Minos Kyriakou

There are not many history enthusiasts who can prove their love of history in practice. This website attempts to illuminate an unknown side of a well-known Greek entrepreneur. What most people do not know is that Mr. Minos Kyriakou loves aviation and he has a passion for historic airplanes

Minos Kyriakou was always collecting objects of historical significance, from small historical relics to big airplanes, and always dreamt of creating a collection he could be proud of.

About 20 years ago, his dream was starting to become true with the crucial help of Stelios Loumakis, who cultivated his love for historic objects and especially for historic aircrafts. Stelios Loumakis was Mr. Kyriakou's chief pilot. Essentially, he was the spark that gave rise to the love of Minos Kyriakou for historic aircrafts.

These two men were not only linked by their shared love of aviation, but were also bound in a long-time relationship of respect and love.

Stelios Loumakis

Stelios began his career as a pilot flying cropdusters (PZL-Mielec M-18 Dromader) for 359-MAEDY. However this was not just a work he did for a living as he had a great passion for airplanes. On the first date with his wife, he took her to the old “Ellinikon airport” to show her his favourite airplanes. In order to get his degree, he moved to England in 1976 and studied while working in a fish and chips shop to pay tuition.

Unlike many pilots these days, Stelios was fascinated by old aircrafts with all their peculiarities and difficulties and loved flying them. He wanted to feel confident with the planes he was flying and he was spending endless hours reading books, manuals, or even chatting online in the early days of the Internet to learn the secrets of each plane. Together with the engineers, he was always contributing to any maintenance work needed on the planes. As a result, he had no trouble obtaining the type ratings needed to fly these planes.

The collection

The creation and maintenance of such a collection of historic aircrafts would have been impossible, if it wasn't for the love for airplanes of Minos Kyriakou and the passion of Stelios Loumakis.

This private collection was born in 1994. Minos Kyriakou asked Stelios about amphibious aircrafts and the Catalina and Stelios described the plane and its historical value with big enthusiasm. This is when Minos decided to buy the first airplane of his collection, a PBY-Catalina.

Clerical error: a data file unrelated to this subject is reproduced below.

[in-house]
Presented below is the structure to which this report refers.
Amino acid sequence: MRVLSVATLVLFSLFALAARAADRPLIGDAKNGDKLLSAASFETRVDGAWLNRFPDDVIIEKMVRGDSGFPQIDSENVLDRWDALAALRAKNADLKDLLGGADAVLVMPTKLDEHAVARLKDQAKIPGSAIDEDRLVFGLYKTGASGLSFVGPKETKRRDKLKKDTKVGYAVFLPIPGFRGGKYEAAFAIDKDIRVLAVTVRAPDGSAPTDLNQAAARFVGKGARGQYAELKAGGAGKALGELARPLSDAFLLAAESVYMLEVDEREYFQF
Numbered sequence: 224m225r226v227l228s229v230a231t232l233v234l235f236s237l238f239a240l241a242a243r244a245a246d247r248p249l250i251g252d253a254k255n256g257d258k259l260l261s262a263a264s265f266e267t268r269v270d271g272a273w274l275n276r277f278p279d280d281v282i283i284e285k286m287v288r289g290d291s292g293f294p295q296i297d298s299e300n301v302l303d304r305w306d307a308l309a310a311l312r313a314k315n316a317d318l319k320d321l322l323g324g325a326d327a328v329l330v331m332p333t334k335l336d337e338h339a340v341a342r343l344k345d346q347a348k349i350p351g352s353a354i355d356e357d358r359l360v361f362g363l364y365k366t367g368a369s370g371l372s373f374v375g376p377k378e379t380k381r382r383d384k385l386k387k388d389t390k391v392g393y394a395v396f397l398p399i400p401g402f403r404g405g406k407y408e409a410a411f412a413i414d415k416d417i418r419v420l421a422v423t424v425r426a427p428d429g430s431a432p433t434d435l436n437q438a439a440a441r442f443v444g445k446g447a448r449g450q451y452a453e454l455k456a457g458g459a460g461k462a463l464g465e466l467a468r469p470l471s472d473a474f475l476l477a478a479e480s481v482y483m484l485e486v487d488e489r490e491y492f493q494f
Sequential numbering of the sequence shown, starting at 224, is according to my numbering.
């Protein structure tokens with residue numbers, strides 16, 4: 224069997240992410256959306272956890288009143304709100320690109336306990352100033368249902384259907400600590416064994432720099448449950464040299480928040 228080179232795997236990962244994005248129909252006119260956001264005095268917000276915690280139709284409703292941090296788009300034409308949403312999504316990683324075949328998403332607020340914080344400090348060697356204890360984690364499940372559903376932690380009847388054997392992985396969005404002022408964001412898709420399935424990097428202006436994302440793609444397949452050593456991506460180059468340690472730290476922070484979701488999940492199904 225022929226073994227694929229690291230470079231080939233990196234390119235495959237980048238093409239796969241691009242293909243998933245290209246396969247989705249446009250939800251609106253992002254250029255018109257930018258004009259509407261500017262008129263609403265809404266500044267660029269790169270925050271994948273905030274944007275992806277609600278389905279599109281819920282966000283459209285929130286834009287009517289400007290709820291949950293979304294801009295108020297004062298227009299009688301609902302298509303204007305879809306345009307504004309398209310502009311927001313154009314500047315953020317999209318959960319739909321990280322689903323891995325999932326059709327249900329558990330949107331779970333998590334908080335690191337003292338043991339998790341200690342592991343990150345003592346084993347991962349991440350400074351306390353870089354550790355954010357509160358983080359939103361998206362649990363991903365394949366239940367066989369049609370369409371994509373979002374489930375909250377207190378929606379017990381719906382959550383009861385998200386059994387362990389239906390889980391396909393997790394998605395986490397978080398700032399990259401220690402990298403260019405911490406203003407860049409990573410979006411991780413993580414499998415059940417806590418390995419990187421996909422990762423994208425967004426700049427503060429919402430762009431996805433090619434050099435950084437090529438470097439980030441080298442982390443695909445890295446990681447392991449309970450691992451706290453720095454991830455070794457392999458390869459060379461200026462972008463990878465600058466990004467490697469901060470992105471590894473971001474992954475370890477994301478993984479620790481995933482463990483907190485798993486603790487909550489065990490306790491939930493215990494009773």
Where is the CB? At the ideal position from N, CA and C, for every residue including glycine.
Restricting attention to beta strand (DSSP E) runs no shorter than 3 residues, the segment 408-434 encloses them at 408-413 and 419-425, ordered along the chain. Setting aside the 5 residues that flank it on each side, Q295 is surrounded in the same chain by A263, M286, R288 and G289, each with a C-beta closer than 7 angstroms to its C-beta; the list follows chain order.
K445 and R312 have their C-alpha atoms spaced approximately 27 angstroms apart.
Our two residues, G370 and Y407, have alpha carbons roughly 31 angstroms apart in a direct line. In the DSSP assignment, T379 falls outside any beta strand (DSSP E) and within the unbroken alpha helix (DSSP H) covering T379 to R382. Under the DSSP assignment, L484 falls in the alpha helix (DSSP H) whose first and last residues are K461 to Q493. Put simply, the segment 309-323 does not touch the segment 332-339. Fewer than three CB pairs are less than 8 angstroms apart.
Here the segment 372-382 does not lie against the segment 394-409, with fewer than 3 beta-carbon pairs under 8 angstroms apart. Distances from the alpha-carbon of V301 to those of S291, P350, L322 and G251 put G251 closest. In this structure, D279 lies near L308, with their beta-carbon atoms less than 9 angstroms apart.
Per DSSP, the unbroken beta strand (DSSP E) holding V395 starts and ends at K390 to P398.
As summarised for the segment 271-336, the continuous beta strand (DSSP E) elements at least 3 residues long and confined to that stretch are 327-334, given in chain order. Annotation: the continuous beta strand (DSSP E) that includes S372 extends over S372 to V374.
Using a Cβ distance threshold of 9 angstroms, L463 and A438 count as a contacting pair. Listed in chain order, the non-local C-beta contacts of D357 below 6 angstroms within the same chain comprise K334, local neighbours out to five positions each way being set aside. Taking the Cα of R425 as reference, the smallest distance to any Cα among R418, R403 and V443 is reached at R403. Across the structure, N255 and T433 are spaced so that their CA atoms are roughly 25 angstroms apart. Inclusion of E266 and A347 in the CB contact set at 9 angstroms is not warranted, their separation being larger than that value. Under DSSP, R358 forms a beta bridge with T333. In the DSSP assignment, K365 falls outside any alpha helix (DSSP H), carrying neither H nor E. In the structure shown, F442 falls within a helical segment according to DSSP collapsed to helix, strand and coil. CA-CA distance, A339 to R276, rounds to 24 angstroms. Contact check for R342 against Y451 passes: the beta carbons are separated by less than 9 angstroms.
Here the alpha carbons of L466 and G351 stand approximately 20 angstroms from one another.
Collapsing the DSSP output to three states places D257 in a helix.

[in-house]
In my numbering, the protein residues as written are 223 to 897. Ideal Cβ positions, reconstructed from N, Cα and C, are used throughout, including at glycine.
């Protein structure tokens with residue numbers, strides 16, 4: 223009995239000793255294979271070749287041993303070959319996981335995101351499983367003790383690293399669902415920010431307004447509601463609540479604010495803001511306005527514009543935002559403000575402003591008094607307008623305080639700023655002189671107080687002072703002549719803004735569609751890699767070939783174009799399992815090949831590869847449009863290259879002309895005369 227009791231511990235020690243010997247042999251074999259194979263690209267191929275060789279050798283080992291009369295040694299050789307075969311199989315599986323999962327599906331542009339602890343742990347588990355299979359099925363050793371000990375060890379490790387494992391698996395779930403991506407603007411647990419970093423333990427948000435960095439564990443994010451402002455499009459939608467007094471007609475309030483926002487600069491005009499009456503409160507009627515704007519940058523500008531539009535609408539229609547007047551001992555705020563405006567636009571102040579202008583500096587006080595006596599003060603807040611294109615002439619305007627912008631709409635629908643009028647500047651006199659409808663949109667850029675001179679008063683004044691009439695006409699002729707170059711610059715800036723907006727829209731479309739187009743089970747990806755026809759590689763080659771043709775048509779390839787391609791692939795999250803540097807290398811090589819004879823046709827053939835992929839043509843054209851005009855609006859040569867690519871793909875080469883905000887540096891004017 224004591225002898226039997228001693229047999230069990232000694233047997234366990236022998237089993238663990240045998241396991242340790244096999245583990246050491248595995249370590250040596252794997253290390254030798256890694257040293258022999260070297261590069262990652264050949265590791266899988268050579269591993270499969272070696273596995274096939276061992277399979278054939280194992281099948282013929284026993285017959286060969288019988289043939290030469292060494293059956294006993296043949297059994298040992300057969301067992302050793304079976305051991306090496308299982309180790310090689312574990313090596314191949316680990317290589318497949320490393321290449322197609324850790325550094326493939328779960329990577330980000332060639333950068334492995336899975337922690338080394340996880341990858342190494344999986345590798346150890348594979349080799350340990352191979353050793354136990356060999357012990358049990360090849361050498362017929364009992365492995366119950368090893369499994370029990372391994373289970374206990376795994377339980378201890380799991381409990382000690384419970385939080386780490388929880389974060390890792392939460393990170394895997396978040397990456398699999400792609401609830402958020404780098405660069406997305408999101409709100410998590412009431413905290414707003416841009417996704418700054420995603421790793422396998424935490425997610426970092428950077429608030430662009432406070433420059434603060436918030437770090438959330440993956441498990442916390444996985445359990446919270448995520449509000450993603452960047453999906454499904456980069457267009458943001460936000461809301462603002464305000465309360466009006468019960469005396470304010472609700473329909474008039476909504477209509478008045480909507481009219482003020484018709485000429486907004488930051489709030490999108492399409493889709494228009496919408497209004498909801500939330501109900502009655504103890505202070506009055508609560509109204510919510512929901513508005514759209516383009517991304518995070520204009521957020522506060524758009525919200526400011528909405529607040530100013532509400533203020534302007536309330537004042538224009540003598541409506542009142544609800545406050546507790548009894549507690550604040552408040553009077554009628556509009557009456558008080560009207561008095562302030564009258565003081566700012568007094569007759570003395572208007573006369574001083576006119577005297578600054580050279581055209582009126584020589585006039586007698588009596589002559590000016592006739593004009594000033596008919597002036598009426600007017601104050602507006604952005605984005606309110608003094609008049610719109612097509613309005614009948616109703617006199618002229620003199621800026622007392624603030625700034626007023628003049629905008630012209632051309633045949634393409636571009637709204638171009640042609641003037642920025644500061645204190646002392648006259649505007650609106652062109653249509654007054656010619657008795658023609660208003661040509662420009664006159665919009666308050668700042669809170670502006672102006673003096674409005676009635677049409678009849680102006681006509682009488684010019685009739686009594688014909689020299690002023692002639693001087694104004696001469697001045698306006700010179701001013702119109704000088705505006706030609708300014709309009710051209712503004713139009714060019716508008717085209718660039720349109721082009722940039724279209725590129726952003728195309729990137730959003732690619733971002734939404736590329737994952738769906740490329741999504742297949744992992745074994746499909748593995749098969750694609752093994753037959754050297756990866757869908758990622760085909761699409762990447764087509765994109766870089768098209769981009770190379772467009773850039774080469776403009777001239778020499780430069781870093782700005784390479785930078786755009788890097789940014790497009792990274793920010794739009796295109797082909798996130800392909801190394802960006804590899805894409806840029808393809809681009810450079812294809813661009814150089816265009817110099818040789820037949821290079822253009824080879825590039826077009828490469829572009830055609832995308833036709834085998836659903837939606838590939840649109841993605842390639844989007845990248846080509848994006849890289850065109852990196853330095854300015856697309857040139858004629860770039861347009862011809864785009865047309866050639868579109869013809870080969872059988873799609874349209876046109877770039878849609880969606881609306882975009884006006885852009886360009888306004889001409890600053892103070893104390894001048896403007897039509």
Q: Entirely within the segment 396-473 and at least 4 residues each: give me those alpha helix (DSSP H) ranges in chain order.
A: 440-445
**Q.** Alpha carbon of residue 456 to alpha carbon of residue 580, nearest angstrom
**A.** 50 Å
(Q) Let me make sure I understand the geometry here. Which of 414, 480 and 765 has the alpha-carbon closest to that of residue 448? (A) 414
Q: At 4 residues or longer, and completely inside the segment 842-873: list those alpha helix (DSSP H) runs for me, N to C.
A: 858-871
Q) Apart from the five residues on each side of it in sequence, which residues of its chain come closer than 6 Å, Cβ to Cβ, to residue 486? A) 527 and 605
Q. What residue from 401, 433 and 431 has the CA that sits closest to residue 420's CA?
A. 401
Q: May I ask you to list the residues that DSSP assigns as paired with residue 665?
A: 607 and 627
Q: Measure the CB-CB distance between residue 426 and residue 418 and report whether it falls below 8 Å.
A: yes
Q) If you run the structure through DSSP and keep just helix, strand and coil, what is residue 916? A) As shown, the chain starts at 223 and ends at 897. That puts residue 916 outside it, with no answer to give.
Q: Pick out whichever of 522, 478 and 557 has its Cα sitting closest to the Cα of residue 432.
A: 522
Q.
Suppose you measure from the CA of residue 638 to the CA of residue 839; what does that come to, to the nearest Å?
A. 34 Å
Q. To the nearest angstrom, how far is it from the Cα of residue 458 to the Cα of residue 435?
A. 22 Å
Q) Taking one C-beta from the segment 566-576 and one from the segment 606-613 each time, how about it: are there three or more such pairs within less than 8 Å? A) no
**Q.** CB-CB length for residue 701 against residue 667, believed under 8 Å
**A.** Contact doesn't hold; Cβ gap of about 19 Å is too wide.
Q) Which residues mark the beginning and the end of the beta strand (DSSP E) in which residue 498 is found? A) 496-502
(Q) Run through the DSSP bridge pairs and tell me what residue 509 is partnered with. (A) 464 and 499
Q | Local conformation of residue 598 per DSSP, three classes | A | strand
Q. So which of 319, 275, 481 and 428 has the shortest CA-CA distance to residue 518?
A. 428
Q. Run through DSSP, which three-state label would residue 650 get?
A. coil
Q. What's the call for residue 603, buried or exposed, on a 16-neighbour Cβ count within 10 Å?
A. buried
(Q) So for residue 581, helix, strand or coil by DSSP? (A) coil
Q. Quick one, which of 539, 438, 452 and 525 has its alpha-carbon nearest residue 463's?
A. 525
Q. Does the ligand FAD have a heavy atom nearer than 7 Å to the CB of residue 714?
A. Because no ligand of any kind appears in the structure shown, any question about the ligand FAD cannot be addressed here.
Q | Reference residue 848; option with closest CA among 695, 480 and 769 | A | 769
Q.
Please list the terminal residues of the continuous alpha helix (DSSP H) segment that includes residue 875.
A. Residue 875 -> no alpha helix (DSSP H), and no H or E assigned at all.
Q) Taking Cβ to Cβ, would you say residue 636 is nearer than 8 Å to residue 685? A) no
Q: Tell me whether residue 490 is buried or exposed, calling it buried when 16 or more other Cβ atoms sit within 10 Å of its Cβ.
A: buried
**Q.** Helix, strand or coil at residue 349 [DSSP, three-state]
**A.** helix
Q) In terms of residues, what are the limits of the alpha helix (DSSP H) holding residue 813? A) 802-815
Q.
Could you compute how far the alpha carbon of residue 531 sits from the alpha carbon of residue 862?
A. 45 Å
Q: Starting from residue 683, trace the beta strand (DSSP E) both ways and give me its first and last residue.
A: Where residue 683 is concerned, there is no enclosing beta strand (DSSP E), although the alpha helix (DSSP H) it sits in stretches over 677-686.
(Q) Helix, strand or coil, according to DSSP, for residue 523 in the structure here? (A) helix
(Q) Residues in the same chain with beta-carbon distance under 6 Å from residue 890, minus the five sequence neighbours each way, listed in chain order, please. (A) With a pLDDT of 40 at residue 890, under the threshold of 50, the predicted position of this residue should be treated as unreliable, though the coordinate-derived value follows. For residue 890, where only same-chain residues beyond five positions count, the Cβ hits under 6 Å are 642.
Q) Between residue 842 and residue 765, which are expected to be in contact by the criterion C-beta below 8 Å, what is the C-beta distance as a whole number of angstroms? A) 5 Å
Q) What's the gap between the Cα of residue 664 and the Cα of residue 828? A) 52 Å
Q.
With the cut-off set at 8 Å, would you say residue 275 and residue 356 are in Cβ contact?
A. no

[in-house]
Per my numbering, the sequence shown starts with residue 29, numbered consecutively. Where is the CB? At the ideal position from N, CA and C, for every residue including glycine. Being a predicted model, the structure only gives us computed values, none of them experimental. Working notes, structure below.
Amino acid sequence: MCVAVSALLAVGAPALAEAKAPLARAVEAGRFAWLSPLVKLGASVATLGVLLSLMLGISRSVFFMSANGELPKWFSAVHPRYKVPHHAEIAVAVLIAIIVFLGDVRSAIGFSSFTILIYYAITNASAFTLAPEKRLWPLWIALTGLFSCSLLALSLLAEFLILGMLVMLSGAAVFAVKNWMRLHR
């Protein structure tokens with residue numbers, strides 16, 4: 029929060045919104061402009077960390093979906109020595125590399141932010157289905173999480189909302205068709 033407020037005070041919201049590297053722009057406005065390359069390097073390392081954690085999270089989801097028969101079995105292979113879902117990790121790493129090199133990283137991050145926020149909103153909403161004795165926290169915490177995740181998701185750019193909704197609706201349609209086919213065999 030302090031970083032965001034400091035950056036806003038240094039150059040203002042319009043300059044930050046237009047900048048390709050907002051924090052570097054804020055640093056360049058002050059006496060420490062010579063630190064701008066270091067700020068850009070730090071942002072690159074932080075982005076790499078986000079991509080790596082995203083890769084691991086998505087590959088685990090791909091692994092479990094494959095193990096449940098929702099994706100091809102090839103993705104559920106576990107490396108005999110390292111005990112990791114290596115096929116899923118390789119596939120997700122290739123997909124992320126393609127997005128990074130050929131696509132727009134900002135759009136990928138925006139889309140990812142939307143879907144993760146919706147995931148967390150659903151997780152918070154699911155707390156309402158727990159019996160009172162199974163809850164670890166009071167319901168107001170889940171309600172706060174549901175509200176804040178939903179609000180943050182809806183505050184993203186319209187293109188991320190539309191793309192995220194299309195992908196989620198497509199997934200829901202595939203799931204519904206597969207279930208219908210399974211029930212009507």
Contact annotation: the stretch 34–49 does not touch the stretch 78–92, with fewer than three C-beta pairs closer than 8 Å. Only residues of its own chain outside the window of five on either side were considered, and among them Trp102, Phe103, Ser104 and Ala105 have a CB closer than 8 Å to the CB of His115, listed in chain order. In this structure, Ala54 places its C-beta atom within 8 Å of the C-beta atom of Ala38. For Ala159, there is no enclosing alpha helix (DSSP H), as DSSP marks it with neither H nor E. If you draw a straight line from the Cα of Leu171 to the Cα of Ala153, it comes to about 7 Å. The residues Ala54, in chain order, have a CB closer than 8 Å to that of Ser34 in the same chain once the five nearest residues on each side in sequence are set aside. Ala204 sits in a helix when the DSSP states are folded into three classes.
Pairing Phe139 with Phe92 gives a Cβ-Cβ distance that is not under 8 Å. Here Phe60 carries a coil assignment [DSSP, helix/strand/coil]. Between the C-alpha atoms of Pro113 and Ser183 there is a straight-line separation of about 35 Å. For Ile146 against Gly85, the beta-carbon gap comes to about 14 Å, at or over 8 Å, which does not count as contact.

The driving force behind this purchase was Stelios, as he was the one who did the research around the world to find the appropriate aircraft.

Minos Kyriakou always had a passion for historic aircrafts, and Stelios helped him cultivate it as he was always ready to follow every idea Minos had. A classic example of this relationship was the purchase of the second airplane of the collection in 1995. While on a business trip to Florida, they noticed an A-26 Invader parked in an airport. Minos wondered if the plane was for sale and Stelios quickly went on and made an enquiry. Very soon, he started the necessary procedures to complete this purchase.

The collection evolved with the purchase of three light German aircrafts, the Bucker 131, the Bucker-133 and the Fieseler Storch. These were part of a private collection in the U.S.A. which was sold in 1996.

The last two aircrafts of the collection, the Antonov An-2 and the Polikarpov PO-2 were purchased in 1997 and were flown in from Poland.

Repairing and maintenance

The truth is that if one wants to have a collection of airworthy historic aircrafts, this passion is necessary. Unlike a static aircrafts collection, which does not need as much devotion, any historic aircraft which needs to be ready to fly on any day requires constant maintenance, a lot of studying, and of course lots of love. Certainly, the dedication of Minos Kyriakou on historical accuracy and technical integrity of the collection is essential, posing no budgetary constraints when it comes to maintenance.

The thing that all aircrafts in the collection have in common, beyond the thorough maintenance, is the absolute commitment to historical accuracy since the closer a plane is to its original form, the more accurate it is from historic point of view.

For the maintenance and repairing, this means that each airplane had to revert to its original form, no matter what changes it has undertaken during its life. Today, most museums have static airplanes, and what people see is essentially only the outer shell of the aircraft. In contrast, the aircrafts of the Athenian Aviators Collection participate in most air shows that take place in Greece and abroad so that aviation enthusiasts have the chance to hear the roar of their piston engines and to see them fly in the air.

The Ant1 logo on the side of the Antonov An-2
The Ant1 logo on the Antonov An-2
Stelios Loumakis on the cockpit roof & Minos Kyriakou on the ground, shaking hands once the purchase has been agreed
Minos Kyriakou & Stelios Loumakis
Stelios Loumakis in the cockpit of Catalina
Stelios Loumakis in the Catalina cockpit
Stelios Loumakis standing on the left wing of the Catalina
Inspecting the wing of the Catalina before the purchase deal
The flight crew standing in front of the A26 Invader
From left to right: Nick Kokakis (engineer), Bernard Krief (engineer), Vasilis Tsimis (pilot) and Stelios Loumakis (pilot) in front of the A26 Invader
The two pilots of Minos Kyriakou in front of the Bucker-133
Stelios Loumakis and Dimitris Vlachos in front of the Bü-133 ‘Jungmeister’